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New Publication

  • Subject: New Publication
  • From: "Peter C. Boyce" <phymatarum@gmail.com>
  • Date: Wed, 27 Jan 2016 14:26:27 +0800

Dear Friends & Colleagues,


Herewith details of a new paper, just published.




The Wong Lab.




Flowering mechanisms, pollination strategies and floral scent analyses of syntopically coflowering Homalomena spp. (Araceae) on Borneo


Hoe Y. C., M. Gibernau, A. C. D. Maia & Wong S. Y.


Plant Biology  DOI: 10.1111/plb.12431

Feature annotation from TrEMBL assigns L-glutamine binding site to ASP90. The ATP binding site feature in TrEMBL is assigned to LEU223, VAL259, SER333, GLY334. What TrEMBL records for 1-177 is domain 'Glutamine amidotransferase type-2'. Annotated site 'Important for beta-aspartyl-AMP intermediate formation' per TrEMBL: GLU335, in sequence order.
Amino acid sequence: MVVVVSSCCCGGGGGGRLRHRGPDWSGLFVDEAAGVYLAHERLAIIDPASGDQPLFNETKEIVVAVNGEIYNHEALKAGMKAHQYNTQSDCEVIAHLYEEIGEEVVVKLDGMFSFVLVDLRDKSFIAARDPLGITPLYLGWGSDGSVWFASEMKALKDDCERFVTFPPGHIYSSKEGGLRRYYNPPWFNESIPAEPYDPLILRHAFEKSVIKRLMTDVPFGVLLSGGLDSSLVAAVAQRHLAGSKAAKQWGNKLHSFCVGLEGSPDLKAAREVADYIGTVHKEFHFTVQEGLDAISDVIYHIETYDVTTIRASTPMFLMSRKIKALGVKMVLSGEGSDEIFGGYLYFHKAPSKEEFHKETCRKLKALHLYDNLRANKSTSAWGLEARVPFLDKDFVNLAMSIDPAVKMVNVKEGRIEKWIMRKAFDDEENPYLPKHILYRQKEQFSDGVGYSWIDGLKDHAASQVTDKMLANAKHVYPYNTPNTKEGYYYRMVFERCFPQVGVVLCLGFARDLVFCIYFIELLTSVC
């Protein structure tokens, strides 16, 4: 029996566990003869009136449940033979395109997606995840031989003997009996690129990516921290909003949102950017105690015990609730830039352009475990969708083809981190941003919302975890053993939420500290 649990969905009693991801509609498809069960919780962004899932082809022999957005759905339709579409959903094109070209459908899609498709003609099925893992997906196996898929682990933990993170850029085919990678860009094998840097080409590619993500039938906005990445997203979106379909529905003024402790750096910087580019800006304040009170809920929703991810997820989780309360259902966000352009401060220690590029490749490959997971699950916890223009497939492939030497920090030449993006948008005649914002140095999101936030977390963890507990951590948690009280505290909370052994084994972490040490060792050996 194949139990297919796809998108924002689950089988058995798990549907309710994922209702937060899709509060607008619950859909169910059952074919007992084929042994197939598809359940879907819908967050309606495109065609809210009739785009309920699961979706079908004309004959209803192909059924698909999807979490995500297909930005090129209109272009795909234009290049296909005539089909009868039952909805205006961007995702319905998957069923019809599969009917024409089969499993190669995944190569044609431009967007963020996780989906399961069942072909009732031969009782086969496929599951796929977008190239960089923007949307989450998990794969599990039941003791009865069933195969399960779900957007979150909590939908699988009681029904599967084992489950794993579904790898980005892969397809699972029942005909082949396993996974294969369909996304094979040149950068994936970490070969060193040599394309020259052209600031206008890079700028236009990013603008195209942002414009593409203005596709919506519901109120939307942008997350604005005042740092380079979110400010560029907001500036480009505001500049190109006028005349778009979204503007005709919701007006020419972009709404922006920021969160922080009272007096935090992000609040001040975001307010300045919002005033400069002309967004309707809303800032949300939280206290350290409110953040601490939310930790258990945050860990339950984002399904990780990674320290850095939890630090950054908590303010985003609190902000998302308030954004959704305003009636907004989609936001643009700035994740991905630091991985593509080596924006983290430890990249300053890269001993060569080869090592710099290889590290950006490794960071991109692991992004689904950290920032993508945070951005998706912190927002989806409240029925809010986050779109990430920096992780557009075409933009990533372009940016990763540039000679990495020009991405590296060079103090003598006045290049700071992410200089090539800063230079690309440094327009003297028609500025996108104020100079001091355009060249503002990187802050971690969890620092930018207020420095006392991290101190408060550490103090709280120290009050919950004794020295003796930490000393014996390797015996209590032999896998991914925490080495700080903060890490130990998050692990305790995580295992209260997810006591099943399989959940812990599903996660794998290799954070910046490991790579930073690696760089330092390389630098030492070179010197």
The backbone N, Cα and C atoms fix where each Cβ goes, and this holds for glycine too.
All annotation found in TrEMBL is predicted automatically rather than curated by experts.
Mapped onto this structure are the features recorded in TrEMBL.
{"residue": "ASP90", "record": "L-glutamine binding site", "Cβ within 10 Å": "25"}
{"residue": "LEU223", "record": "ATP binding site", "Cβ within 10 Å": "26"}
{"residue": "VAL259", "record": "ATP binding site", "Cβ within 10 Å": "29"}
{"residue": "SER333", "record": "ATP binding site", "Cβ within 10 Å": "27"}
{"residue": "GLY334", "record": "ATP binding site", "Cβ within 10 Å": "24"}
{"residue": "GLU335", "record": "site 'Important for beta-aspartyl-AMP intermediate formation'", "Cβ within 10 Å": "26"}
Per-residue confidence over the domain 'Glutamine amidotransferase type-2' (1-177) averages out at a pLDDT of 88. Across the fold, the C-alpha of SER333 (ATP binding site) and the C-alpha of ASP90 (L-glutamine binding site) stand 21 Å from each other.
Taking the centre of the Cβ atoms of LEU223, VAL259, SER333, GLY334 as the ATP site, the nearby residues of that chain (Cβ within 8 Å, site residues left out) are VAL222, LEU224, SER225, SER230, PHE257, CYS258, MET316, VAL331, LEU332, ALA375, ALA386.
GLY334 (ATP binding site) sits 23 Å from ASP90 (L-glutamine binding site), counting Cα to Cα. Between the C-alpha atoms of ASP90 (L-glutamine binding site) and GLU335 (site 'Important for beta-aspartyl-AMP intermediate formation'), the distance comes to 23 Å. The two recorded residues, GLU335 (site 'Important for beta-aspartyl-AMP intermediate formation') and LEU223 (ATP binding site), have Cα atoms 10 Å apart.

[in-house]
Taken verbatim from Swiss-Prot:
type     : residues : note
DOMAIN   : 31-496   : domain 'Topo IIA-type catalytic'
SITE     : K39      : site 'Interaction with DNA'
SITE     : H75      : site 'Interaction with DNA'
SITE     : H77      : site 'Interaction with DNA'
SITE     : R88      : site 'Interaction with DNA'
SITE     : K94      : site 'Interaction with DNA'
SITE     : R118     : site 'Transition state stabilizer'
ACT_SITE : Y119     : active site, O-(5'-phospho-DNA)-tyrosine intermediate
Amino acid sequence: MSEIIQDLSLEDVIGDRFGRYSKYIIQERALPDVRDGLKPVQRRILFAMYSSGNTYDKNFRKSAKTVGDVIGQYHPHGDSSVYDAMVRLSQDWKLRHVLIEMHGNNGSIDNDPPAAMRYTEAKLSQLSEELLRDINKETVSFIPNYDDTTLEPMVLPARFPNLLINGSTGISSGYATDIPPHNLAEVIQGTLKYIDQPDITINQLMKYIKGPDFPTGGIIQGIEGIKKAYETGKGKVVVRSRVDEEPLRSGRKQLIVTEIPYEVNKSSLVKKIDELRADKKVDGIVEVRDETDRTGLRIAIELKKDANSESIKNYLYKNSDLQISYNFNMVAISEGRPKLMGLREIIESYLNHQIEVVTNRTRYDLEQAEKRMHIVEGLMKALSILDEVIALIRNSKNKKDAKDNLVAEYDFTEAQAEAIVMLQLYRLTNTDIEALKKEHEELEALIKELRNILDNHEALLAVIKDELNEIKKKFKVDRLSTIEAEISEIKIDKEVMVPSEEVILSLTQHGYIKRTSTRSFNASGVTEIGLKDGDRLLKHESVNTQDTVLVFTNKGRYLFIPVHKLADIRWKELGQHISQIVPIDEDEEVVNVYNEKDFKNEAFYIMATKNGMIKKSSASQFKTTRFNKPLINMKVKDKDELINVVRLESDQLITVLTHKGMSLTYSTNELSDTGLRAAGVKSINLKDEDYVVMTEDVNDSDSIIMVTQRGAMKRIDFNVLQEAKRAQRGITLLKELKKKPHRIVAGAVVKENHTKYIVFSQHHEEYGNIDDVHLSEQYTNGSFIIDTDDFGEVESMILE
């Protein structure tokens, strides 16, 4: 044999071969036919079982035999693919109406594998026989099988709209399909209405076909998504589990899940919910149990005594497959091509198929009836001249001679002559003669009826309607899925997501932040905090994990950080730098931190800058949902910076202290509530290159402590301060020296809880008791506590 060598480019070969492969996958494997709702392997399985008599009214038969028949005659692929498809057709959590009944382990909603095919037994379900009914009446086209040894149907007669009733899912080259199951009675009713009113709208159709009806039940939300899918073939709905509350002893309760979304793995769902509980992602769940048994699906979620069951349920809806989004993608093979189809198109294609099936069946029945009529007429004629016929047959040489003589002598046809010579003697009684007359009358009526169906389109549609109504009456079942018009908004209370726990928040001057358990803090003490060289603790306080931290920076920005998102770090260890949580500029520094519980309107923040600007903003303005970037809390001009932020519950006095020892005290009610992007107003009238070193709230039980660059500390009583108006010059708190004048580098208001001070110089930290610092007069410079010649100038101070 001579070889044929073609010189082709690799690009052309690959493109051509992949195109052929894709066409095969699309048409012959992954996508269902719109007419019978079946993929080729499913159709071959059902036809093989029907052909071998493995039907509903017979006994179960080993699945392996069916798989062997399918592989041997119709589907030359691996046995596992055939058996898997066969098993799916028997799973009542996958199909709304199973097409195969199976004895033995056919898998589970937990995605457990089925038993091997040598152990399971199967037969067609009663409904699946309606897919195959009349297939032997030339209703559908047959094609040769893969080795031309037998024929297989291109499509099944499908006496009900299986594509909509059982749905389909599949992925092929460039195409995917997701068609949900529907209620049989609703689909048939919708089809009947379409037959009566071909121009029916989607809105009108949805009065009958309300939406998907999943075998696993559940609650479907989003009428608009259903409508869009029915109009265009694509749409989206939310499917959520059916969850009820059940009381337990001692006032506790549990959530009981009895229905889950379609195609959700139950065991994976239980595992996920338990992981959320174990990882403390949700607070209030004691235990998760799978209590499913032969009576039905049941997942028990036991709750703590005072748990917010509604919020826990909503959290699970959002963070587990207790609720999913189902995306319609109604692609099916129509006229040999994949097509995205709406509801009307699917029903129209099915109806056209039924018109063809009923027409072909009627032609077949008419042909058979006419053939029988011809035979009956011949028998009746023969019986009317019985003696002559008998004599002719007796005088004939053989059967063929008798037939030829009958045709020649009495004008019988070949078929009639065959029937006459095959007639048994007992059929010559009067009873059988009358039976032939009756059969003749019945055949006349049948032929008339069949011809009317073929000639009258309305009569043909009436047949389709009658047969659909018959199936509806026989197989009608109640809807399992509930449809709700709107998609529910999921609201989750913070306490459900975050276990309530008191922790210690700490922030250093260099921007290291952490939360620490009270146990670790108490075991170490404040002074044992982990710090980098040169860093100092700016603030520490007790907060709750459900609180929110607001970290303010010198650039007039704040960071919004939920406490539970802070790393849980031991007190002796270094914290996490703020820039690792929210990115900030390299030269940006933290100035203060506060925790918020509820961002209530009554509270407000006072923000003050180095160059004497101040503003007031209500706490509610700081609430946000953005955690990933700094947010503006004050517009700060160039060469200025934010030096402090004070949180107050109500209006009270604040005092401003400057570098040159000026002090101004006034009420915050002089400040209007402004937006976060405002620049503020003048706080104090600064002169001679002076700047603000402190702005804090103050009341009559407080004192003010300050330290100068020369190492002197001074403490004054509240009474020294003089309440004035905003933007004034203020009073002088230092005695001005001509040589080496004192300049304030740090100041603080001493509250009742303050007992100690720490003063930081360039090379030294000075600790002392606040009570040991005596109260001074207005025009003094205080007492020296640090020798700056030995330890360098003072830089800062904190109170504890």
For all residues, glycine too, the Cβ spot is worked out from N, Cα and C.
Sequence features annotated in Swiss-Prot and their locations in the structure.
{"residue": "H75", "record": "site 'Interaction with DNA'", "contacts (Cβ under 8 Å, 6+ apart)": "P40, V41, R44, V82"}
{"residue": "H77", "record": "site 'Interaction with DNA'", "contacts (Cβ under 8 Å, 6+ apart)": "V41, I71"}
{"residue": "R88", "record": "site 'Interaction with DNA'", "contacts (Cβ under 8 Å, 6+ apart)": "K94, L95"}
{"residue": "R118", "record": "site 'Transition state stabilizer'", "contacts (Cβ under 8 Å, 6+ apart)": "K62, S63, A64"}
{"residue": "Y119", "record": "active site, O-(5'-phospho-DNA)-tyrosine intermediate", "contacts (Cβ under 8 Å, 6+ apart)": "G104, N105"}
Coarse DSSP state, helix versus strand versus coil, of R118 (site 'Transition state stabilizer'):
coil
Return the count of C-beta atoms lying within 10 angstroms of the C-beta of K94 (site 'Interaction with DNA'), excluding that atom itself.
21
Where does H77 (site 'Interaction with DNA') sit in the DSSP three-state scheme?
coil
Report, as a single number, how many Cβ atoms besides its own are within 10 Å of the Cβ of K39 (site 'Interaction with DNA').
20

In this study, the flowering mechanisms and pollination strategies of seven species of the highly diverse genus Homalomena (Araceae) were investigated in native populations of West Sarawak, Borneo. The floral scent compositions were also recorded for six species thereof. The selected taxa belong to three out of four complexes of the section Cyrtocladon (Hanneae, Giamensis and Borneensis). The species belonging to the Hanneae complex exhibited longer anthesis (53 – 62 hrs) than those of the Giamensis and Borneensis complexes (ca 30 hrs). Species belonging to the Hanneae complex underwent two floral scent emission events in consecutive days, during the pistillate and staminate phases of anthesis. In species belonging to the Giamensis and Borneensis complexes, floral scent emission was only evident to the human nose during the pistillate phase. A total of 33 volatile organic compounds (VOCs) were detected in floral scent analyses of species belonging to the Hanneae complex, whereas 26 VOCs were found in samples of those belonging to the Giamensis complex. The floral scent blends contained uncommon compounds in high concentration, which could ensure pollinator discrimination. Our observations indicate that scarab beetles (Parastasia gestroi and P. nigripennis; Scarabaeidae, Rutelinae) are the pollinators of the investigated species of Homalomena, with Chaloenus schawalleri (Chrysomelidae, Galeuricinae) acting as a secondary pollinator. The pollinators utilise the inflorescence for food, mating opportunities and safe mating arena as rewards. Flower-breeding flies (Colocasiomyia nigricauda and C. aff. heterodonta; Diptera Drosophilidae) and terrestrial hydrophilid beetles (Cycreon sp.; Coleoptera, Hydrophilidae) were also frequently recovered from inflorescences belonging to of all studied species (except H. velutipedunculata), but they probably do not act as efficient pollinators. Future studies should investigate the postmating isolating barriers among syntopically co-flowering Homalomena sharing the same visiting insects.






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